Three steps to creating mutual expectations

I thought you said you said you were going to do more today! What's the deal?

Part two of a two-part series on setting expectations in your personal and professional life (Read first part)

Us PR folks all try and “get er done” at our jobs, but sometimes we go a little overboard. We take on so much that we begin to drown in a sea of self-imposed work. To better manage your workload and the expectations surrounding each project, consider these three simple rules of setting and managing expectations. You might just find that taking on that project isn’t the best use of time and resources for both you and your organization. Try and:

  1. Know your limitations and stay within them – We’re constantly put in positions to “learn on the job.” That happens, but be realistic. Can you do the project you’re attempting? Do you need more professional development? It’s better to admit your limitations than to fail because of pride.
  2. Be honest with yourself and your clients/bosses – We have a tendency to be “yes” people to everyone because we love to be the clutch player. That’s how we’re built. Know how much work you can handle to be successful and stay within those boundaries.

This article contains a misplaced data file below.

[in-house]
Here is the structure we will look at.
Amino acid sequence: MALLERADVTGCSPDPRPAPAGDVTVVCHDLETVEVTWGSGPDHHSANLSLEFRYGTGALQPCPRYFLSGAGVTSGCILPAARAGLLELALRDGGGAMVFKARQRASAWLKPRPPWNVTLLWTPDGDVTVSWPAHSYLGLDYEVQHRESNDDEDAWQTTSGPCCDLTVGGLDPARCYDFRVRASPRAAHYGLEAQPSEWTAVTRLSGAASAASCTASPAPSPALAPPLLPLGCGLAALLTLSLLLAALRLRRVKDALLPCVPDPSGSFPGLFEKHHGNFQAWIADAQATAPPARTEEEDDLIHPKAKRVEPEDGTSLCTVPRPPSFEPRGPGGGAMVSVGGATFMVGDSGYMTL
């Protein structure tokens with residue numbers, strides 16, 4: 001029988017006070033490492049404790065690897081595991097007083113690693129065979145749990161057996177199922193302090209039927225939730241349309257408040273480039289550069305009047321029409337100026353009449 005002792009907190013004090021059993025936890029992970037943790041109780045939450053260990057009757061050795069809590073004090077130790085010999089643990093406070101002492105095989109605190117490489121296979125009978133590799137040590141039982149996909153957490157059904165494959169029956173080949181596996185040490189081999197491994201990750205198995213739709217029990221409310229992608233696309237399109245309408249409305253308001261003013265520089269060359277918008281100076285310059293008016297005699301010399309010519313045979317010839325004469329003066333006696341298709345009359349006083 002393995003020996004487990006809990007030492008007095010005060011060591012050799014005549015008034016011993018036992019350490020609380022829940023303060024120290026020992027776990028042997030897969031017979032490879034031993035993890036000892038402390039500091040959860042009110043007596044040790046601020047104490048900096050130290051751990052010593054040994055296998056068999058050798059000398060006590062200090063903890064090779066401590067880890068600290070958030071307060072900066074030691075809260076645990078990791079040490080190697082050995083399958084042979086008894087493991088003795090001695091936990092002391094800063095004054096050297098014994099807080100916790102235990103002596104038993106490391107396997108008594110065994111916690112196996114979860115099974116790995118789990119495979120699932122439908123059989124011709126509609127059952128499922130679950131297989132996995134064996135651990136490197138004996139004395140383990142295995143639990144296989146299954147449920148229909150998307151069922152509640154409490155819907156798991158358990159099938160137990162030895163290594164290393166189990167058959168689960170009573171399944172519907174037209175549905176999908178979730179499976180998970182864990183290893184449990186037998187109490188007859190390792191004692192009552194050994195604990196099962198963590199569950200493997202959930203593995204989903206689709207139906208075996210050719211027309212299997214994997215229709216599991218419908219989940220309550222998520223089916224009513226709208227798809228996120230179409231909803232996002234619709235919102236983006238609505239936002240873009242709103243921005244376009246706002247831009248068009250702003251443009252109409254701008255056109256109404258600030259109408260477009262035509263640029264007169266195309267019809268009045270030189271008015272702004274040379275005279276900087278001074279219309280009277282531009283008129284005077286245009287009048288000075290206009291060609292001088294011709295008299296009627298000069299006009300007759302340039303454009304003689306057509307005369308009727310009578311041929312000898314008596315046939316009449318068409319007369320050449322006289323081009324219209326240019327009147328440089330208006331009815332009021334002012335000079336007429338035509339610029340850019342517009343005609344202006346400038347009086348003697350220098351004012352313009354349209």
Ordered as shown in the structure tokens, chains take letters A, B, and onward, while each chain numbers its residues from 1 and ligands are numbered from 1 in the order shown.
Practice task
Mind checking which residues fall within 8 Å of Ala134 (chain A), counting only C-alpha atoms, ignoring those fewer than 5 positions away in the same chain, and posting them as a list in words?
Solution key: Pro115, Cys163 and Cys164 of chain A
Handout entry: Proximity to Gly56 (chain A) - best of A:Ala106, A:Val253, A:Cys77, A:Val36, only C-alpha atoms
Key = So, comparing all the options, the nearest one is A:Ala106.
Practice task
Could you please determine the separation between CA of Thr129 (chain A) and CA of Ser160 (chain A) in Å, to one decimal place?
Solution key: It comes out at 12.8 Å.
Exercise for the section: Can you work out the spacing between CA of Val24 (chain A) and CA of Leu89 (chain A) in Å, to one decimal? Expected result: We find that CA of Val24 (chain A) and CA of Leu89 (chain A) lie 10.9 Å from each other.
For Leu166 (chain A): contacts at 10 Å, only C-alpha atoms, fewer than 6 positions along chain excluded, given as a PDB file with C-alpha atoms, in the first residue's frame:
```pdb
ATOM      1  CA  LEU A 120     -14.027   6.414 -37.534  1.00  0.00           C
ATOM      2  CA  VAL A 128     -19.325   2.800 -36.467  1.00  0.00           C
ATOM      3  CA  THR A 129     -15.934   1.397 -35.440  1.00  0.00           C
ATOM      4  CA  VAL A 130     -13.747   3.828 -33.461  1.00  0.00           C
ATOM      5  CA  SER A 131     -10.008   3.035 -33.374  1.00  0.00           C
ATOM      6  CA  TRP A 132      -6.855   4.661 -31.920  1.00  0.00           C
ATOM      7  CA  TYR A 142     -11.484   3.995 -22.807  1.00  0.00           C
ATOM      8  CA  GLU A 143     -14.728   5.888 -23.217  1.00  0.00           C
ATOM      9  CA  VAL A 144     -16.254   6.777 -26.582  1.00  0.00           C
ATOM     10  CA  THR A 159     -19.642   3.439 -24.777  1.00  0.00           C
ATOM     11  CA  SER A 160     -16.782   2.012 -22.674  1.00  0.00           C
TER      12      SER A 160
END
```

3. Have a plan that’s realistic and routine – We’re planners and strategists, right?  So why shouldn’t our expectations be rooted in the same thought process? Well, they should. Think about your strengths and weaknesses and work to enhance your strengths and turn your weaknesses into strengths. Routine and constant learning do this. Know how much time and energy you can dedicate to each area and stick within those boundaries.

In the end, the insane world of PR can, to a certain degree, be managed. It takes setting realistic and mutual expectations, knowing  your limitations, having a routine and being honest with yourself, your bosses and clients.

Here’s a few other recent posts discussing PR as one of the top-ten most stressful jobs:

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2 responses to “Three steps to creating mutual expectations

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